From Radiohead lyrics to teaching EFL - a Japanese teacher's story

From Radiohead lyrics to teaching EFL - a Japanese teacher's story

Global English TESOL trainee, Yosuke Oba, is native to Japan and teaches English there. But his love of the language started from studying the lyrics of some of his favourite English bands.

We were keen to know, from Yosuke, more of his journey, about typical teaching life and what to expect from Japanese learners.

Yosuke’s interview, below, is part of a series we're running, focussing on teaching English in this fascinating country, featuring TEFL jobs in Japan sharing stories on teaching English in Japan from native English teachers, and highlighting our most popular, accredited online, 120-hour TESOL course for Asia.

Hi Yosuke, can you tell us what led you to
take a course with Global English TESOL?

As a student, I was already very interested in the lyrics of my favourite UK rock groups from the Rolling Stones to Radiohead. However, English was far from being a means of real communication – even though I had studied it at school. 

After learning how exciting speaking in English could be at university, I decided to be a teacher and show students how to enjoy communicating in a foreign language. In this sense, I firmly believe that TESOL will enable me to teach English more communicatively.

When I was gathering information on TESOL, I found the Global English website. Louisa immediately invited me to chat and kindly told me everything that I was wondering about. Finding their contents very appealing, I made my decision on the spot. I've been really enjoying the course because it is full of new and interesting ideas. 

Can you tell us about your teaching and your students?

I have been teaching middle and high school students for over a decade. Our teaching methods used to be notorious for overemphasising grammar and translation, but nowadays teachers pursue a better balance of the four skills. Few students are ready for this, though. Averagely speaking, Japanese students are often too passive and reluctant to give their opinions. This is exactly what I have always been trying to change as a teacher.

Is there a high demand for English teachers?

Yes, there is. Although loads of people find English so hard to learn, English is important for success here in Japan. Students study it to go to college while business people want to get promoted or get high marks in TOEIC or related tests. Here, one of our most popular teaching styles is eikaiwa (conversation in English). This is because many have great difficulty in oral communication because of their grammar-centered education. So, many employers really want teachers who can help learners make progress in daily communication.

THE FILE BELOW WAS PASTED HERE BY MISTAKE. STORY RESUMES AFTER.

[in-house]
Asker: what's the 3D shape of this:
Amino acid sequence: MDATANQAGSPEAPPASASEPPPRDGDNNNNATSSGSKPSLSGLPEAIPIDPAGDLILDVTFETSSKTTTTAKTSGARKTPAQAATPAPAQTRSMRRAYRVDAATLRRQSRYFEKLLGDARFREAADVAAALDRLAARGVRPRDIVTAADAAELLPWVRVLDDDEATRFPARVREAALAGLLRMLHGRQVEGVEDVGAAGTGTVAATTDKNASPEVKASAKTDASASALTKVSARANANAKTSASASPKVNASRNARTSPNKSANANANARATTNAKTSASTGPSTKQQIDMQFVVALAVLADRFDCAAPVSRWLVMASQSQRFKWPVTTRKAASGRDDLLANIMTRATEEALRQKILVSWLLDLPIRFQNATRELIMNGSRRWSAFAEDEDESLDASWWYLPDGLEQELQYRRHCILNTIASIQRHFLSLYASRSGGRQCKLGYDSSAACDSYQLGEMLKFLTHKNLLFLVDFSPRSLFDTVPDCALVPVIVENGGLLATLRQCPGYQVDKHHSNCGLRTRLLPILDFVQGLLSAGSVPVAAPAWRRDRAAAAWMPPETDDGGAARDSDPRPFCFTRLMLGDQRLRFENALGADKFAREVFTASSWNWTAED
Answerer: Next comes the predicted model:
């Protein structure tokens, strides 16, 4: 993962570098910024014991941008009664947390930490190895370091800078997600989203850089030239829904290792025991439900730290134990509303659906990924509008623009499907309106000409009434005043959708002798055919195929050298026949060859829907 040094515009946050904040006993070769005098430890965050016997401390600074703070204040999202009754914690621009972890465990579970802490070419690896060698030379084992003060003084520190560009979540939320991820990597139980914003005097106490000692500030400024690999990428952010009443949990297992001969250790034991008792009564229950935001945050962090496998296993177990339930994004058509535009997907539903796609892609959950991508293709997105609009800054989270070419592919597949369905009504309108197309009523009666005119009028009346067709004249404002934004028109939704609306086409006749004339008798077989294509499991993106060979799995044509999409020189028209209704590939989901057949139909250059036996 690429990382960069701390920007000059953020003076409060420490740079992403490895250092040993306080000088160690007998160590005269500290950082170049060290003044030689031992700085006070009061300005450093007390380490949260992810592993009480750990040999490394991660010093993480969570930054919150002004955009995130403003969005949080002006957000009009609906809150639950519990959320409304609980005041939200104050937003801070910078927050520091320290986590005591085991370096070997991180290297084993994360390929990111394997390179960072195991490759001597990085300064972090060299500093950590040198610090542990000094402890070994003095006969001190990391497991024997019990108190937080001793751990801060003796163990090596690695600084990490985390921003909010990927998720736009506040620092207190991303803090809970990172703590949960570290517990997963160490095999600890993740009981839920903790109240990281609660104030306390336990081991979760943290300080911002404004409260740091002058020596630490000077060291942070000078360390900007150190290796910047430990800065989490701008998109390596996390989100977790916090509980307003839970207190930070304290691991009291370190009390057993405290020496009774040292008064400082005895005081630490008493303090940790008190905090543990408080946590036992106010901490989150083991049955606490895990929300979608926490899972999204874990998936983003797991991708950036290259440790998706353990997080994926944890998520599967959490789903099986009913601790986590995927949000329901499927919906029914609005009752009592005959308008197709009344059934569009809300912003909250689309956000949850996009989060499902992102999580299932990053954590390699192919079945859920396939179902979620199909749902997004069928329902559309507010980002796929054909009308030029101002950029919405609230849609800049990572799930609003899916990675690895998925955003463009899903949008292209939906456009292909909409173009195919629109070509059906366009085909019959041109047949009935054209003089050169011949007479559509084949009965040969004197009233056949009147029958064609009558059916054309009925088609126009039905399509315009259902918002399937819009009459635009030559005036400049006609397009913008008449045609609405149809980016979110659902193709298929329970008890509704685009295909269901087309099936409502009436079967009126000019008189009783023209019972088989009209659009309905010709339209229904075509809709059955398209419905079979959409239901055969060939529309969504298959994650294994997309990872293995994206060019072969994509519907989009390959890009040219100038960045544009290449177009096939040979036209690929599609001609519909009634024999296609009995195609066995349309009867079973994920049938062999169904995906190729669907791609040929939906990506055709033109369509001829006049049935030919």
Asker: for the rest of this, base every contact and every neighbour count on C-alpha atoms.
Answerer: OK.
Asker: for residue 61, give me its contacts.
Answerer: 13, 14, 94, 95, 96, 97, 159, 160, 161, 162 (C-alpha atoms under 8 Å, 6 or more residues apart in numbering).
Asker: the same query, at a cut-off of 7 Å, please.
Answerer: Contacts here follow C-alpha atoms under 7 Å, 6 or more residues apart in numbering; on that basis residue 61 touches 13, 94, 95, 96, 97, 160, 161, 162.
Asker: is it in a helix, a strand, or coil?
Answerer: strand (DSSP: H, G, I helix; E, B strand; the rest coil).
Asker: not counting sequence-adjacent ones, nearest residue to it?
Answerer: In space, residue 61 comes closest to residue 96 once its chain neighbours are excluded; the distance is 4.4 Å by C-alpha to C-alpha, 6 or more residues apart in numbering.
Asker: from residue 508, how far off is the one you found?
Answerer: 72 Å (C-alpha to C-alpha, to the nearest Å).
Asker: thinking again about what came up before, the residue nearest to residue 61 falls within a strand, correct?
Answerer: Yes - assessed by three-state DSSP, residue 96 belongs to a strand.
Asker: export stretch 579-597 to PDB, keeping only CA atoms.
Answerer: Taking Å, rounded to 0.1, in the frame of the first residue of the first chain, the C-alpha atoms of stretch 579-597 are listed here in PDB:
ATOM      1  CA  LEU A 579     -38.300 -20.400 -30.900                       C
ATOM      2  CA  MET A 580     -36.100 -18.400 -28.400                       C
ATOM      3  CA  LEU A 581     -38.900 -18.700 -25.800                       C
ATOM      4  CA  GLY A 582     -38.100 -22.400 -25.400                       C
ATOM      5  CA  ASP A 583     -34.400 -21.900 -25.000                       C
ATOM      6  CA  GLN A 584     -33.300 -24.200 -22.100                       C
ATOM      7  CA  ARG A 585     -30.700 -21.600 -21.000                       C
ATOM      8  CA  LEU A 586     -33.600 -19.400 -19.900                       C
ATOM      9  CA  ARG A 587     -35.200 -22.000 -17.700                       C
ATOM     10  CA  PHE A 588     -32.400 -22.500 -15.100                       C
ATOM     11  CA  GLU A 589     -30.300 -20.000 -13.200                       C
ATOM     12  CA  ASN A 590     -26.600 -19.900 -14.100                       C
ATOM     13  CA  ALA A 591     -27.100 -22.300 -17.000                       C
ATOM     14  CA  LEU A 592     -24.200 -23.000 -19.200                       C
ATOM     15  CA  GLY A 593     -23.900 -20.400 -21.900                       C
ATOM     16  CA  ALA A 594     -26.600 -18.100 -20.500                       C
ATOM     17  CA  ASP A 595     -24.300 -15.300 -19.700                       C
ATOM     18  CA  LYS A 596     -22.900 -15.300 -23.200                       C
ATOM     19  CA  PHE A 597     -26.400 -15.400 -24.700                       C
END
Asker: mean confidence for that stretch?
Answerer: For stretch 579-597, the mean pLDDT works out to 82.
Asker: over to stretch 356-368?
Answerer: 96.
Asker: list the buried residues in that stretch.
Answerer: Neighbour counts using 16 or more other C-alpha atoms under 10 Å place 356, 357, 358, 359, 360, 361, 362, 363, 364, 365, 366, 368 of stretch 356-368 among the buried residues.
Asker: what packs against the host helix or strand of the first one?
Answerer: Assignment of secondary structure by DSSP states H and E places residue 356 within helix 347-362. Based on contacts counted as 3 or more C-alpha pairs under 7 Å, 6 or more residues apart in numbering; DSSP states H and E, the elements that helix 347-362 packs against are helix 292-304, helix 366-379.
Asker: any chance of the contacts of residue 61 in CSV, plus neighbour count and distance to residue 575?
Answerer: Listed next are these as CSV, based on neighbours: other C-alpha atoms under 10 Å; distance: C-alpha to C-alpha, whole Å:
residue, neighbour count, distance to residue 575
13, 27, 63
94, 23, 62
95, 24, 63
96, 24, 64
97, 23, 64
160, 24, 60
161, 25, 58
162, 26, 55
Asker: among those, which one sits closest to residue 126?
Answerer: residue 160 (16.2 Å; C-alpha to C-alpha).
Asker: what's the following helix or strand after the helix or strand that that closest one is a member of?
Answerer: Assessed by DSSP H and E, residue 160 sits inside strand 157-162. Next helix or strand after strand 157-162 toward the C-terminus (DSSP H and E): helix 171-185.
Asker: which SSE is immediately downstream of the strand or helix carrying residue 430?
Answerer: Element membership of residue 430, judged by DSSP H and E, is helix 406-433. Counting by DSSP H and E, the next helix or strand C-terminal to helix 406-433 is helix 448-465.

And what about prospects for non-native English teachers?

Generally speaking, we don’t care about whether an English teacher is native or non-native. There are many different Western and Asian English teachers here. There is a little of the 'native speaker fallacy', but the majority in the industry know that is nothing but a myth.

Have you any advice for people keen to teach English in Japan?

As mentioned, Japanese students are generally very shy so they need great patience. They might be silent, perhaps because they are trying to avoid feeling embarrassed. So, they should always be told to relax and that it is quite natural to make mistakes. Teachers also have to break down misunderstandings about grammar being a separate and scary entity by teaching the grammar through the skills. 

I am happy to know that so many teachers are eager to come and teach English here. I hope that we will have more diverse international exchanges.

Thanks, Yosuke, for sharing your story and every success with the course and beyond.

Interested in teaching English in Japan?

For Visa sponsorship, you'll need:
* A degree (from a university where the medium of instruction was English)
* 3 years full-time experience teaching English

Strongly desired:
* A TESOL certificate
* Native English speakers – although this is changing
* A clean criminal record check

* Discover our most popular TESOL course for Japan >>
* Find out more about TEFL jobs in Japan >>
* Learn more about teaching English in Japan on our destinations pages>>

  • Author: Louisa Walsh
  • Date: 02/06/2021

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From Radiohead lyrics to teaching EFL - a Japanese teacher's story